CET6+ TEM4 GRE CET6
词源不详，原义为修鞋匠，补鞋匠，后约于 1796 年剑桥大学学生借用该词来指小市民，小 商人，小商贩，并最终用于文学词义指势利眼，势利小人。也有俗词源解读为在 19 世纪初， 牛津和剑桥大学在普通学生的名字前面标注拉丁语 sine nobilitate,字面意思即非贵族，来自 sine,无，没有，nobilitate,贵族，词源同 noble.更为接受的说法是，标注为该拉丁语对应的法 语 sans noblesse,非贵族。
- snob:  Snob originally meant a ‘shoemaker’. Cambridge University students of the late 18th century took it over as a slang term for a ‘townsman, someone not a member of the university’, and it seems to have been this usage which formed the basis in the 1830s for the emergence of the new general sense ‘member of the lower orders’ (‘The nobs have lost their dirty seats – the honest snobs have got ’em’, proclaimed the Lincoln Herald on 22 July 1831, anticipating the new Reform Act).
This in turn developed into ‘ostentatiously vulgar person’, but it was the novelist William Thackeray who really sowed the seeds of the word’s modern meaning in his Book of Snobs 1848, where he used it for ‘someone vulgarly aping his social superiors’. It has since broadened out to include those who insist on their gentility as well as those who aspire to it. As for the origins of the word snob itself, they remain a mystery.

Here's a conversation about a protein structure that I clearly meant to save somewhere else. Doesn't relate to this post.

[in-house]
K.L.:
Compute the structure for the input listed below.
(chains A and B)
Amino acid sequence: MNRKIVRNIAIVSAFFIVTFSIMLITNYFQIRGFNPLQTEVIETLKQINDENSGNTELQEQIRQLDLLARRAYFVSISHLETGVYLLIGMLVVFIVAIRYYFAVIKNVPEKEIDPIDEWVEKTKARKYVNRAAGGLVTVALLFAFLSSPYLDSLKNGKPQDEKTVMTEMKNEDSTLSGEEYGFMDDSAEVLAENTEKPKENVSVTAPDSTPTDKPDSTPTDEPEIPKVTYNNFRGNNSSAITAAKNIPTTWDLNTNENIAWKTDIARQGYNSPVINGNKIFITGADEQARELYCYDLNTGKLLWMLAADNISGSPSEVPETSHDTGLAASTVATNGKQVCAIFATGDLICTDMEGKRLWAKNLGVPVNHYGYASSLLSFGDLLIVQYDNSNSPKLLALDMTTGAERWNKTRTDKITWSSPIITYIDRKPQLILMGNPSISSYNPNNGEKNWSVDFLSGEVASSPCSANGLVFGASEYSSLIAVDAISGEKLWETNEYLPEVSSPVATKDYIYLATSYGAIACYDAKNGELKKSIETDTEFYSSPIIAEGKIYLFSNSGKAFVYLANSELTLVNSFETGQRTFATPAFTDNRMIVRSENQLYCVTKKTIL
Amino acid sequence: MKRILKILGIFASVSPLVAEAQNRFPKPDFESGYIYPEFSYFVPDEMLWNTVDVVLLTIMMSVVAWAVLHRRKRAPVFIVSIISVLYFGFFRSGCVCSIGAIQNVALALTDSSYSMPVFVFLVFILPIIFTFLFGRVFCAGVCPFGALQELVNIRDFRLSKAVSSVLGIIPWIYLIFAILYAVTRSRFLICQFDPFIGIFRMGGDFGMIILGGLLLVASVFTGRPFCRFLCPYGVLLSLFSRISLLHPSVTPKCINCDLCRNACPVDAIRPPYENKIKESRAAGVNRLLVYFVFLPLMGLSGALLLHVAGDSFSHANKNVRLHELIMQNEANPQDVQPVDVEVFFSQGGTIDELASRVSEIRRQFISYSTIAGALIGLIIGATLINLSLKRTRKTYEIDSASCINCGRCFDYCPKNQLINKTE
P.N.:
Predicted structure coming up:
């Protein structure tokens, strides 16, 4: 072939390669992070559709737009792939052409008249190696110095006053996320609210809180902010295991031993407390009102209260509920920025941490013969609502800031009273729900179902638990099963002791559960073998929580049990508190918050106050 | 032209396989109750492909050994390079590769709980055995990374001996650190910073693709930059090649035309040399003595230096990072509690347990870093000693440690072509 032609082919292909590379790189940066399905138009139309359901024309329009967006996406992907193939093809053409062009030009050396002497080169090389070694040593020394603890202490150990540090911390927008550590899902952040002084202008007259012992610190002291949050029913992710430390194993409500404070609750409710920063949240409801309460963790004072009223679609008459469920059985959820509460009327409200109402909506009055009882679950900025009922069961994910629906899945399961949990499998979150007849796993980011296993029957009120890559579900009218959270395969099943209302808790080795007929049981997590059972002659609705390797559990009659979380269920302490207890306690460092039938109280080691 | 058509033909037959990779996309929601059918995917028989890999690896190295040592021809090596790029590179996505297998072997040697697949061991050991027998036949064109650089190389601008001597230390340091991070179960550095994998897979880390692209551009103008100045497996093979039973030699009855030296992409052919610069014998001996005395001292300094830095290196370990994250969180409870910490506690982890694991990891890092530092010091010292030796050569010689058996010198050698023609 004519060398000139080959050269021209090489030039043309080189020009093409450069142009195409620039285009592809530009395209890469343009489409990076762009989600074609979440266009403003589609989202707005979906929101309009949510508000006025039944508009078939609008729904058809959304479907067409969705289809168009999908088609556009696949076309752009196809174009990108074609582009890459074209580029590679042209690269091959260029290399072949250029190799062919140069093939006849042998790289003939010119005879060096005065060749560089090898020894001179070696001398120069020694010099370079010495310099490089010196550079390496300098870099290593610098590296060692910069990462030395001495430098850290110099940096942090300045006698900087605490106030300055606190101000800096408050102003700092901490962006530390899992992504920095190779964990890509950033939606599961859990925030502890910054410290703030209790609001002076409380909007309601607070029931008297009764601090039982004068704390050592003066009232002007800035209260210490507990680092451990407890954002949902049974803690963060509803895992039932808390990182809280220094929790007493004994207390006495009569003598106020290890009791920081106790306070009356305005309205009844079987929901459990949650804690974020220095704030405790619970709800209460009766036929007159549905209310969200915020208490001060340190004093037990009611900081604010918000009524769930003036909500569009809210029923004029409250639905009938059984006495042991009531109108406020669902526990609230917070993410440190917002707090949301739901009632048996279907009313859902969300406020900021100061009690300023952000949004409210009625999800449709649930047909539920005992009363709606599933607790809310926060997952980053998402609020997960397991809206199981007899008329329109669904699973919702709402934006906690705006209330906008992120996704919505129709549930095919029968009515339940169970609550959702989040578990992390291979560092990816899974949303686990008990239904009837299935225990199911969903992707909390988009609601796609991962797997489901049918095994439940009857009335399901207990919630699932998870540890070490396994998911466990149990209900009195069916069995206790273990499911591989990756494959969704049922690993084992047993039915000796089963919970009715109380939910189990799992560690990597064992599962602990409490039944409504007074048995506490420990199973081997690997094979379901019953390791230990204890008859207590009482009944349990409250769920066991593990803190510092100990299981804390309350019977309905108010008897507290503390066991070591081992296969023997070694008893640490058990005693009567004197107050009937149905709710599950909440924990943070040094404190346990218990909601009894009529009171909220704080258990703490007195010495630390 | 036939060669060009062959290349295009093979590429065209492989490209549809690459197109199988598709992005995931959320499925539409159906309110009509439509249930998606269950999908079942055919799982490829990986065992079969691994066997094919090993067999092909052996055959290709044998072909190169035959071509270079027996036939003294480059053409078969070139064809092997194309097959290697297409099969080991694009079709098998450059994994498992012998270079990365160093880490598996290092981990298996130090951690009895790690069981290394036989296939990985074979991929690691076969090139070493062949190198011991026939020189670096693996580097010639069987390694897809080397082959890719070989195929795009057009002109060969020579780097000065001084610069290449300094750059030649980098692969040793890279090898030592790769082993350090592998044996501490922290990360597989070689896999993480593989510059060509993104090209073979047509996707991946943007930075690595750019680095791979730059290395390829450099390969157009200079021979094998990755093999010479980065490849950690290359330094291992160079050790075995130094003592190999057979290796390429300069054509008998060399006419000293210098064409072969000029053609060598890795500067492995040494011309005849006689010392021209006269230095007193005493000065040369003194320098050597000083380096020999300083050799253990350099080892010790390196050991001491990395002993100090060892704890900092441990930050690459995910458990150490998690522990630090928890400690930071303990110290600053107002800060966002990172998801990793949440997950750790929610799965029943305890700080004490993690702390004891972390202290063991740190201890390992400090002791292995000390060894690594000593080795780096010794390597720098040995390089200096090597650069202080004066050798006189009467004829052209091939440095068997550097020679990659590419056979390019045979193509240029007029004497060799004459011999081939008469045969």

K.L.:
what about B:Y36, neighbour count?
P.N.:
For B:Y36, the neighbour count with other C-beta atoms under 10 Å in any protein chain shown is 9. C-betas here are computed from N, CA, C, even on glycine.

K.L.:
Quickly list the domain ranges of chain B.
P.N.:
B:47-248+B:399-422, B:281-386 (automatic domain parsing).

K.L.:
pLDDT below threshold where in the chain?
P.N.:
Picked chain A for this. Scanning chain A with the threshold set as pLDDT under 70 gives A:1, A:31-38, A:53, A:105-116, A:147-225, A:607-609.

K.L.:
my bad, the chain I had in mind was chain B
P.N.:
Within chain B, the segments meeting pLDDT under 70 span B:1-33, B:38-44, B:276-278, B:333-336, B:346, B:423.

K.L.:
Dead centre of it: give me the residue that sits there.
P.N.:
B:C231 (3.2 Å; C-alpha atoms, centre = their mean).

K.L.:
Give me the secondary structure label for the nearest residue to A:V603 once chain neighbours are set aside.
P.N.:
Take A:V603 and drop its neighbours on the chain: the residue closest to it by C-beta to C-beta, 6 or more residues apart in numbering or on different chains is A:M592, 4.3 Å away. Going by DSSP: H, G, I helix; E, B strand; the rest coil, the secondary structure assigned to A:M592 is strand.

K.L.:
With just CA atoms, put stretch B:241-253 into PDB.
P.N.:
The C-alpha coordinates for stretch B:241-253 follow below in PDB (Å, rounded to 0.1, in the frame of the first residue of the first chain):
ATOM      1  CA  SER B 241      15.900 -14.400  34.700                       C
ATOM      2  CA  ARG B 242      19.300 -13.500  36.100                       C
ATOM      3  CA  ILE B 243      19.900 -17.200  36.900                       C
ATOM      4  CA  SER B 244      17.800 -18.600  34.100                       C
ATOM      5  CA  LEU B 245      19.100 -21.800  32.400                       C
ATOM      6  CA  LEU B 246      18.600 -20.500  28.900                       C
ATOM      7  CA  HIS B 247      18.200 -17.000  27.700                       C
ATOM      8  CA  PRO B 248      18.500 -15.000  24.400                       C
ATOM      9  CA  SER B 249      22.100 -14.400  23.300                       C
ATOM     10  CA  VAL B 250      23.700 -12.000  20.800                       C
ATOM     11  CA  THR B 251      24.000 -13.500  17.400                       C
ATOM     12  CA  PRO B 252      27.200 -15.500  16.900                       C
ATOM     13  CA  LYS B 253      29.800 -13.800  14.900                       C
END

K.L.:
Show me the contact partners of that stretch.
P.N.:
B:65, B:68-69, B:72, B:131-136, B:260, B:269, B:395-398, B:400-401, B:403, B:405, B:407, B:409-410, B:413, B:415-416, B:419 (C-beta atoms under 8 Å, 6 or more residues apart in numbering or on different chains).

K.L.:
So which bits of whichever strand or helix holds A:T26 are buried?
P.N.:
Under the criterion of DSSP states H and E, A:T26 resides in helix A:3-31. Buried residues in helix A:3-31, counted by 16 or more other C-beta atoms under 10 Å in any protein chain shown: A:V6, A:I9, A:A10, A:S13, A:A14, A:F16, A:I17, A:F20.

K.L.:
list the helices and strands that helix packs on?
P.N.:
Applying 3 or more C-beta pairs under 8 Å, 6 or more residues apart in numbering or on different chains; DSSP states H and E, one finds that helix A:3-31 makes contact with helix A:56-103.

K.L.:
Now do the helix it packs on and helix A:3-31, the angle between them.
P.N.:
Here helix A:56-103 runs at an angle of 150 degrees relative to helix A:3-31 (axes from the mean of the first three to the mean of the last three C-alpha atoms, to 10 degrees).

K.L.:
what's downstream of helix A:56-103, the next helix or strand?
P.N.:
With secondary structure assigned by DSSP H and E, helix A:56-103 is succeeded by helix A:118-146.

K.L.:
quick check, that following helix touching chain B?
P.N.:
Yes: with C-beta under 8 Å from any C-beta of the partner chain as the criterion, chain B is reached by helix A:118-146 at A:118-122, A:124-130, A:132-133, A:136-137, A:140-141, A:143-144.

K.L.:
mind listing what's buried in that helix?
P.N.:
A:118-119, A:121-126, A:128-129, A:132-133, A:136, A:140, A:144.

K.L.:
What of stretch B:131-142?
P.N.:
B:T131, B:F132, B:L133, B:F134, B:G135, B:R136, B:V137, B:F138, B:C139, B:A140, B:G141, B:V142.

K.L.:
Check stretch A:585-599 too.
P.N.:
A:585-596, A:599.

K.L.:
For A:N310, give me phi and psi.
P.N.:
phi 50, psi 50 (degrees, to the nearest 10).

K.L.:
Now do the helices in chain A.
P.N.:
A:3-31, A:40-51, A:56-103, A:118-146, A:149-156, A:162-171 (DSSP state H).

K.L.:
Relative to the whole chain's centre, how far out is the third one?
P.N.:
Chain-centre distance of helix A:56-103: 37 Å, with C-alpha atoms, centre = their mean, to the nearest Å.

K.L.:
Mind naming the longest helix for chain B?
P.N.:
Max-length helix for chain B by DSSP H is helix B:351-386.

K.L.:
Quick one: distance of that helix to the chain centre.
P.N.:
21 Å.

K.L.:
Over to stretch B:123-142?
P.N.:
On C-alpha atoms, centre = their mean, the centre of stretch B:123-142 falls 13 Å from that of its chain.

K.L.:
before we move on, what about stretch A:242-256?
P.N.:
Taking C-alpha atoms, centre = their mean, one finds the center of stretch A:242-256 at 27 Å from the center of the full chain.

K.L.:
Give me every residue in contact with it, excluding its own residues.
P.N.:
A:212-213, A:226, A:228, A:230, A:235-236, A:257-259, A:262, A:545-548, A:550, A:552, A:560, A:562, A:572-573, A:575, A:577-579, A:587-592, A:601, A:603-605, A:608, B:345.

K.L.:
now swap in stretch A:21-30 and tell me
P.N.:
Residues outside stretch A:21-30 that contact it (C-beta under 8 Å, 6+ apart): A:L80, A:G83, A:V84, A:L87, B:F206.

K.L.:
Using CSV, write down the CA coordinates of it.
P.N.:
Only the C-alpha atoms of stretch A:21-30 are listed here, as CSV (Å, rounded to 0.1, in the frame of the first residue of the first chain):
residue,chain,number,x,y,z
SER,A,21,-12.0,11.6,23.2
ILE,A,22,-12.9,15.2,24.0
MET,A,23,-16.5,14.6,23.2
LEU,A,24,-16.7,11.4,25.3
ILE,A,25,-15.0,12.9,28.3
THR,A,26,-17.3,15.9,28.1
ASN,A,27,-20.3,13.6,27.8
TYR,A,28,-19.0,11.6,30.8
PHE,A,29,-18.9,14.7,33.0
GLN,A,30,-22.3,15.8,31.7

An ingenious suggestion once put forward is that it came from s. nob., supposedly an abbreviation for Latin sine nobilitate ‘without nobility’, but this ignores the word’s early history.
- snob (n.)
- 1781, "a shoemaker, a shoemaker's apprentice," of unknown origin. It came to be used in Cambridge University slang c. 1796, often contemptuously, for "townsman, local merchant," and passed then into literary use, where by 1831 it was being used for "person of the ordinary or lower classes." Meaning "person who vulgarly apes his social superiors" is by 1843, popularized 1848 by William Thackeray's "Book of Snobs." The meaning later broadened to include those who insist on their gentility, in addition to those who merely aspire to it, and by 1911 the word had its main modern sense of "one who despises those considered inferior in rank, attainment, or taste."
- 1. People want to buy designer labels for snob value.
- 2. She was an intellectual snob.
- 3. I was a thorough little academic snob.
- 4. Kenneth is an arrogant, rude, social snob.
- 5. She's such a snob!
[ snob 造句 ]